I came up around the bend at 50 mph and nearly took out a horse and buggy. Let me just say that slamming on the breaks when your towing 4000 pounds is a sightly harrowing experience.
On my way to Gettysburg from my stay in Raystown Lake with my Max members, I decided to take the backroads and see some of this beautiful state. Any chance I get I’ll always take the road less traveled. These backcountry roads are curvy and narrow and even though there are signs showing horse and buggy in the area, the speed limits don’t reflect the associated risk. Dangers aside, viewing and exploring the Amish communities are a lesson in what is a simple, yet incredibly hard, life.
New Holland, Bird in Hand, Intercourse, Paradise, and Strasburg; all Amish communities just east of Lancaster County, PA. They are a somewhat sovereign and live by the principle “the harder the work the closer to God.”
I spent six weeks in the Gettysburg and Lancaster area with the majority of it “unplugged” because of the lack of internet. When it became challenging for me (I love being “on grid”) I tried to put things in perspective by observing how these folks live; taking in the slow and deliberate pace of their day, the way the carriage meanders along the road. Never in a hurry. Never rushed. I was fascinated and somewhat obsessed by the methodical way they hang their laundry; many of the larger farms with a clothesline pulley system that extends from the back door of the home to the top of the barn, maybe 100 feet long. Dresses, bonnets, shirts and underwear in coordinated blocks of color and extending up to two stories high.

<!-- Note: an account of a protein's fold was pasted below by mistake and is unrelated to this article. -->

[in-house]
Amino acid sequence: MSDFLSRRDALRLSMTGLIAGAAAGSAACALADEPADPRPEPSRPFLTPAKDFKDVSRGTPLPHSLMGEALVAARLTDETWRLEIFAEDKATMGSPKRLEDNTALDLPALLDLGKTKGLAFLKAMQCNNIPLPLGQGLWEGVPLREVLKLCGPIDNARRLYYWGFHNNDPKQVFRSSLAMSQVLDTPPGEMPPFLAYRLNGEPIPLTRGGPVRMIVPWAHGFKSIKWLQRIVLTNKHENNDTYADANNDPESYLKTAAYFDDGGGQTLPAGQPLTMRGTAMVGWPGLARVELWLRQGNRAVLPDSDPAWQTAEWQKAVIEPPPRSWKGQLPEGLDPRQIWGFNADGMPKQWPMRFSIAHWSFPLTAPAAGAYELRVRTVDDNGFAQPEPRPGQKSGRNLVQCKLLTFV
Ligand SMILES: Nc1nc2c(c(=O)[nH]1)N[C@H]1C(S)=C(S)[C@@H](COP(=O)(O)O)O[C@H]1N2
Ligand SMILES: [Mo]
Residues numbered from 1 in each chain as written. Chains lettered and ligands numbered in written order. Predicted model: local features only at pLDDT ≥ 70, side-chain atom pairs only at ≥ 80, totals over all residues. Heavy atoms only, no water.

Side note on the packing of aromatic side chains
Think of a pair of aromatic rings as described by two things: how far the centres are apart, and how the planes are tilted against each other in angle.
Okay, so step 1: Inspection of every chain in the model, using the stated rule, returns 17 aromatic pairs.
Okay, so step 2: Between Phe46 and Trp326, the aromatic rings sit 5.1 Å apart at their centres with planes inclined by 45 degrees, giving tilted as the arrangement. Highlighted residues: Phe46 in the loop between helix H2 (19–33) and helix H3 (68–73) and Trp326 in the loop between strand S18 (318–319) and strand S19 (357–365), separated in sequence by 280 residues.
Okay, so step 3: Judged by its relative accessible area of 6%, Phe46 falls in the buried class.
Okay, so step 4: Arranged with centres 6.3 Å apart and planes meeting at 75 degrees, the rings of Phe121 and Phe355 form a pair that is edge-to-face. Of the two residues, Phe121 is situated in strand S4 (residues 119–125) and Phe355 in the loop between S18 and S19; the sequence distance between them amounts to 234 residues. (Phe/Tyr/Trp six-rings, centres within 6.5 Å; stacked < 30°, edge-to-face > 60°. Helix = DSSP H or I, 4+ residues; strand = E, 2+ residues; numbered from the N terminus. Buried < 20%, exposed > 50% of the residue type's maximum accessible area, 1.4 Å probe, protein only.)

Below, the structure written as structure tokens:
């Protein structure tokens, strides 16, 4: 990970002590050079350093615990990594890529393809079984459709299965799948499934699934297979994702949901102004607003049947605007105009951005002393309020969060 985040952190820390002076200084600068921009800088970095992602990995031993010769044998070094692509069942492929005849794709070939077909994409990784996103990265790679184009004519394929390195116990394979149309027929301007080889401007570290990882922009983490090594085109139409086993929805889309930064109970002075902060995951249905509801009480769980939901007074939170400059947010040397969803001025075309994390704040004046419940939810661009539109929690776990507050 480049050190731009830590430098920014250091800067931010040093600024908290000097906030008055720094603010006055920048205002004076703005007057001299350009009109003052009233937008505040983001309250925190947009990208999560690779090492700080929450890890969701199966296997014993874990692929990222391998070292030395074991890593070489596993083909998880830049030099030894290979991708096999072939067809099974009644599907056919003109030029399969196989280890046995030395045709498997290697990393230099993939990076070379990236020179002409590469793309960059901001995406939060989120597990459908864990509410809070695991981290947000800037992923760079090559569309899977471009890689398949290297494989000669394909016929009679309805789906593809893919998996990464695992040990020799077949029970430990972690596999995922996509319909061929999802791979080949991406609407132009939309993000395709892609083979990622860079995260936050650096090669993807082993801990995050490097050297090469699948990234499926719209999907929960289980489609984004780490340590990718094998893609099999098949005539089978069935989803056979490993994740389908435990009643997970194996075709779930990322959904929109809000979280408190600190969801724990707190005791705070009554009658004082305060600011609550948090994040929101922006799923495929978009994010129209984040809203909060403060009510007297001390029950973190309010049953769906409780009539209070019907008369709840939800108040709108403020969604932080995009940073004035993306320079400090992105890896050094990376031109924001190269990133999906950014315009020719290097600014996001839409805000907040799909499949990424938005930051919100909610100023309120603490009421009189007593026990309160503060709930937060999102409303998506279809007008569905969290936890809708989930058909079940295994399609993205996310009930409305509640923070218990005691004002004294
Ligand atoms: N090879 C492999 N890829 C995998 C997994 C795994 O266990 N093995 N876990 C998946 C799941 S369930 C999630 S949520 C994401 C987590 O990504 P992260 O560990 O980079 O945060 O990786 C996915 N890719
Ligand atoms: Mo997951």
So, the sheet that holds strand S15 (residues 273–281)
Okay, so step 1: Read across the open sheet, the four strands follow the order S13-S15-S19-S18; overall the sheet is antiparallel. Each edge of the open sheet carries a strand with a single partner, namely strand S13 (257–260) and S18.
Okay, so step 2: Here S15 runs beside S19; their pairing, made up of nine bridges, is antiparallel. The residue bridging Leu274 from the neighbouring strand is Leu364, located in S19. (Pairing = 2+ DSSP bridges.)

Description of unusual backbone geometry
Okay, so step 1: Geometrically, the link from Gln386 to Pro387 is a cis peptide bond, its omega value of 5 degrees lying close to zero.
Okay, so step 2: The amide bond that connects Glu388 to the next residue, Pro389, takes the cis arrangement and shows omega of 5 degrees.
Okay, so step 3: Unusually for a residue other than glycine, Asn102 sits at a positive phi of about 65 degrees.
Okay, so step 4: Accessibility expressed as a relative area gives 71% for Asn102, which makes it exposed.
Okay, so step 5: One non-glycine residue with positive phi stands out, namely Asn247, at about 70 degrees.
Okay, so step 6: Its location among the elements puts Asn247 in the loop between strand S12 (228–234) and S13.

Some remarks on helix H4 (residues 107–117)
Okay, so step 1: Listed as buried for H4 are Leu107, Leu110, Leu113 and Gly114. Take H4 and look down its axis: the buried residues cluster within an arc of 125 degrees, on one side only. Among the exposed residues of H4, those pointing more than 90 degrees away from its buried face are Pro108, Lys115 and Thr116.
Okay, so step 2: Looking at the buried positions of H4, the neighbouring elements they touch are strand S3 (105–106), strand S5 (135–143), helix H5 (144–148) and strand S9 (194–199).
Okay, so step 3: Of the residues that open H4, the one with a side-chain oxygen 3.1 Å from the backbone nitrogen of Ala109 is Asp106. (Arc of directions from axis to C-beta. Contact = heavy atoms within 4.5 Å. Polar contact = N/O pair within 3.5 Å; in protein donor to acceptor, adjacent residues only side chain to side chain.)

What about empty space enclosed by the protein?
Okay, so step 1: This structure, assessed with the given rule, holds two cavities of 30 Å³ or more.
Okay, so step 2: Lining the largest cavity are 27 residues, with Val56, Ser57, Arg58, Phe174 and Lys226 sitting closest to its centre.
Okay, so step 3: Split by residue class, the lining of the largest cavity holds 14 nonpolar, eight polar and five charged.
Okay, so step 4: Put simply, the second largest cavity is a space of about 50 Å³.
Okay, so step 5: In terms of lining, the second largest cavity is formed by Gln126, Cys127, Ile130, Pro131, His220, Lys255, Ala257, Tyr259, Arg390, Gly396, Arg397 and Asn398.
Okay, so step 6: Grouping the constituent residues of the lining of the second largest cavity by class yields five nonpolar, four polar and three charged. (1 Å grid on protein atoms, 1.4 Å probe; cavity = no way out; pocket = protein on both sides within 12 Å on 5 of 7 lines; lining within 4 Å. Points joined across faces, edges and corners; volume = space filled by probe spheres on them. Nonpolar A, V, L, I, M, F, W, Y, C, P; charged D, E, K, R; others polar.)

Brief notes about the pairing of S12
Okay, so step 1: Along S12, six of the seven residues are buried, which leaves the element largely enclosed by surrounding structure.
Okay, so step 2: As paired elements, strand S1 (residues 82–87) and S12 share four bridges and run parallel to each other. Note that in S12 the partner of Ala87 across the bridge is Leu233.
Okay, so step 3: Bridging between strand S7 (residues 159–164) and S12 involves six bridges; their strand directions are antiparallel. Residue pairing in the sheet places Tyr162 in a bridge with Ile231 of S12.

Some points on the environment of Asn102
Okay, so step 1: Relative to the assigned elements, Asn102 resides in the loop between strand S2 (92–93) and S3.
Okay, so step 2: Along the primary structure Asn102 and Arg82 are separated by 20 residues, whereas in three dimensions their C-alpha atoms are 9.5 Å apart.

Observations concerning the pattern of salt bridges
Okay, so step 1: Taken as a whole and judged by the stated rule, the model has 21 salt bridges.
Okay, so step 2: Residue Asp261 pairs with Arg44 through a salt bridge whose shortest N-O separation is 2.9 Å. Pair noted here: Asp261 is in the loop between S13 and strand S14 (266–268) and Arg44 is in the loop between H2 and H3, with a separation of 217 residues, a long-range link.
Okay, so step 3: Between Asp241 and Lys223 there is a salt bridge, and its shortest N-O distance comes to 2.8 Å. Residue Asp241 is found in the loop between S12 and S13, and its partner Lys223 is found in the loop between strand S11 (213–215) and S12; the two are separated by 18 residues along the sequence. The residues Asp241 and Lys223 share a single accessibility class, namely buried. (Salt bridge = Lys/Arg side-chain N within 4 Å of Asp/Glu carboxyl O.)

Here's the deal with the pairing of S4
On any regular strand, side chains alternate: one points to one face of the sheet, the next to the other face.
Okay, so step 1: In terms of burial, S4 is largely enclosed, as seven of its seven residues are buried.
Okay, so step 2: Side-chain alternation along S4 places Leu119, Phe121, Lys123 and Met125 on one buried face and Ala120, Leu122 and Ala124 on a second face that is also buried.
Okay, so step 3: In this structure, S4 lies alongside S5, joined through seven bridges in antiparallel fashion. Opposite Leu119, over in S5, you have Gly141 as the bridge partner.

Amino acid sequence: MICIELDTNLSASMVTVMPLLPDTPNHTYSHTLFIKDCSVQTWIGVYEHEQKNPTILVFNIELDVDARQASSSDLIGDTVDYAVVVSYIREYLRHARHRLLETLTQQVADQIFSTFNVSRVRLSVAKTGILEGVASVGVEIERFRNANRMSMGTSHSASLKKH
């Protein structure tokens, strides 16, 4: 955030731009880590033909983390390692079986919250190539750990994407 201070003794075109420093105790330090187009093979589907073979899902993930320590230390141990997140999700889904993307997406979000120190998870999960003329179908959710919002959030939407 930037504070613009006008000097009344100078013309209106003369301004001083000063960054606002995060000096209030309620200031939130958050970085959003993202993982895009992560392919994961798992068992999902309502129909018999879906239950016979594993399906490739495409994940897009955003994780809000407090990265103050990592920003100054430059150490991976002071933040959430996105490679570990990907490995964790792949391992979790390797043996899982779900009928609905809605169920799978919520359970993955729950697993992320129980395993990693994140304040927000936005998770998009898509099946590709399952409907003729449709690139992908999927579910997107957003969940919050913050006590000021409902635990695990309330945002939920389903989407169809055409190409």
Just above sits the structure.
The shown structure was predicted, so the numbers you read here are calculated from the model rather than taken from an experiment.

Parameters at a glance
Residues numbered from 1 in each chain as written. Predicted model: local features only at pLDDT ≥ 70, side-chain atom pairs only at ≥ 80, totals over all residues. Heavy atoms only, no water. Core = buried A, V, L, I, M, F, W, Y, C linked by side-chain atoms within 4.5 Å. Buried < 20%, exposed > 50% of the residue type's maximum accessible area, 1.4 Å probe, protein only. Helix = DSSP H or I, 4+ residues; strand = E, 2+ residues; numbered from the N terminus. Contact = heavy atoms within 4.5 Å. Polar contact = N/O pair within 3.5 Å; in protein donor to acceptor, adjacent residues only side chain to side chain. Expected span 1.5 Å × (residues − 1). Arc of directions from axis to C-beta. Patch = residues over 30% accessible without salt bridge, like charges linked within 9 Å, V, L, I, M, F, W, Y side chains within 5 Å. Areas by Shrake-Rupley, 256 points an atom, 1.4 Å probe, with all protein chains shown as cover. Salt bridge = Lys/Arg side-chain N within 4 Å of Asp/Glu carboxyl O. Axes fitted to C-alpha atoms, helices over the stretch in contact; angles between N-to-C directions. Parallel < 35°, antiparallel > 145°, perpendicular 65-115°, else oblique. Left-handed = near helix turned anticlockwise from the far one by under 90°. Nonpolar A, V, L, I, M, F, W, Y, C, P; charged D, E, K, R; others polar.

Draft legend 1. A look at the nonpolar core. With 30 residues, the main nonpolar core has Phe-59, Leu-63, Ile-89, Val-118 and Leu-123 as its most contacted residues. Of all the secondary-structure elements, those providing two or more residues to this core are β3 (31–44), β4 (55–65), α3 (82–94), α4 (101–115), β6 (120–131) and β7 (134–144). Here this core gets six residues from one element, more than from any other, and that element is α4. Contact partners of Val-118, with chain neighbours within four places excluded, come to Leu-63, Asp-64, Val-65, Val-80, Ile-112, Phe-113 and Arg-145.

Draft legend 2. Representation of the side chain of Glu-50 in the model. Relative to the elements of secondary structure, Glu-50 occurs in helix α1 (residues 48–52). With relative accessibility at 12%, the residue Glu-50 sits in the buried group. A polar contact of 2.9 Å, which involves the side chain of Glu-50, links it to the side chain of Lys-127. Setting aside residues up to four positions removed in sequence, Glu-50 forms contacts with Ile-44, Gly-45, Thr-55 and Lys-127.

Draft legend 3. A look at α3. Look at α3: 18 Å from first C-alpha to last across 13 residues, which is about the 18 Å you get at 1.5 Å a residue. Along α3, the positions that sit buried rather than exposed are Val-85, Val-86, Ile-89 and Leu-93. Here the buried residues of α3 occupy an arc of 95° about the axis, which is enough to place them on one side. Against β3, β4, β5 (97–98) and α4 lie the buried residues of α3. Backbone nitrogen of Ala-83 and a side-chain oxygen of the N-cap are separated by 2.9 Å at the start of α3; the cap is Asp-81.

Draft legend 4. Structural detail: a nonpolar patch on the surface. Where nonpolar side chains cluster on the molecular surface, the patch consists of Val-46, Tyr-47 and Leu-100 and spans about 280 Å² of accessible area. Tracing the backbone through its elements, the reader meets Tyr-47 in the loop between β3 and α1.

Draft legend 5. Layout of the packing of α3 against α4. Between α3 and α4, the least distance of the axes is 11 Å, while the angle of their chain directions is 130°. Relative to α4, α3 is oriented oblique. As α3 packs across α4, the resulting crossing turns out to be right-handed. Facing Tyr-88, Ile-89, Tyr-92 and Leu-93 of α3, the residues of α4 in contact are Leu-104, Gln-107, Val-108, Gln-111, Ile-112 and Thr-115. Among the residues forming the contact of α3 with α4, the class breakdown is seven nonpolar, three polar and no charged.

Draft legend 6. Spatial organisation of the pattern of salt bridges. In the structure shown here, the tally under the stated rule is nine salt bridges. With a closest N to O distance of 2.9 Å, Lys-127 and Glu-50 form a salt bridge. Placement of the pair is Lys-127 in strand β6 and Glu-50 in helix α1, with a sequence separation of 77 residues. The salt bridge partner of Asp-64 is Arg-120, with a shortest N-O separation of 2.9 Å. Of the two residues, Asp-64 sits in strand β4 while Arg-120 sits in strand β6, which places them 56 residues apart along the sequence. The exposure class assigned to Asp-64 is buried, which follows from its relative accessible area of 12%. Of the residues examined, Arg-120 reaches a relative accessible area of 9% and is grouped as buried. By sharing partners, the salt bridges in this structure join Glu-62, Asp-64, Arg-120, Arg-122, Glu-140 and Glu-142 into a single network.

As I drove through these communities and patronized their markets, there were so many instances where I wanted to stop and shoot pictures, but it was nearly impossible to pull over and rare opportunities to turn around. The Amish are also very protective and do not like their picture being taken. Many times, as I passed a buggy with a female driver in her bonnet and colorful dress, she would turn her head away and bow so I could not make eye contact. As a woman who believes strongly in equity for women, I really struggled with this. But this is how they live and I respect that.
Watching the families work together in the tobacco fields; cutting off the golden elephant-sized leaves, stacking them in perfect, ritualistic piles on the field and then transporting them to the racks in the drying barns was somewhat mesmerizing. Seeing an eight year old boy use a machete to take down cornstalks—one stalk at a time—was a lesson in patience.
Harvest season must bring them right up to Gods front door.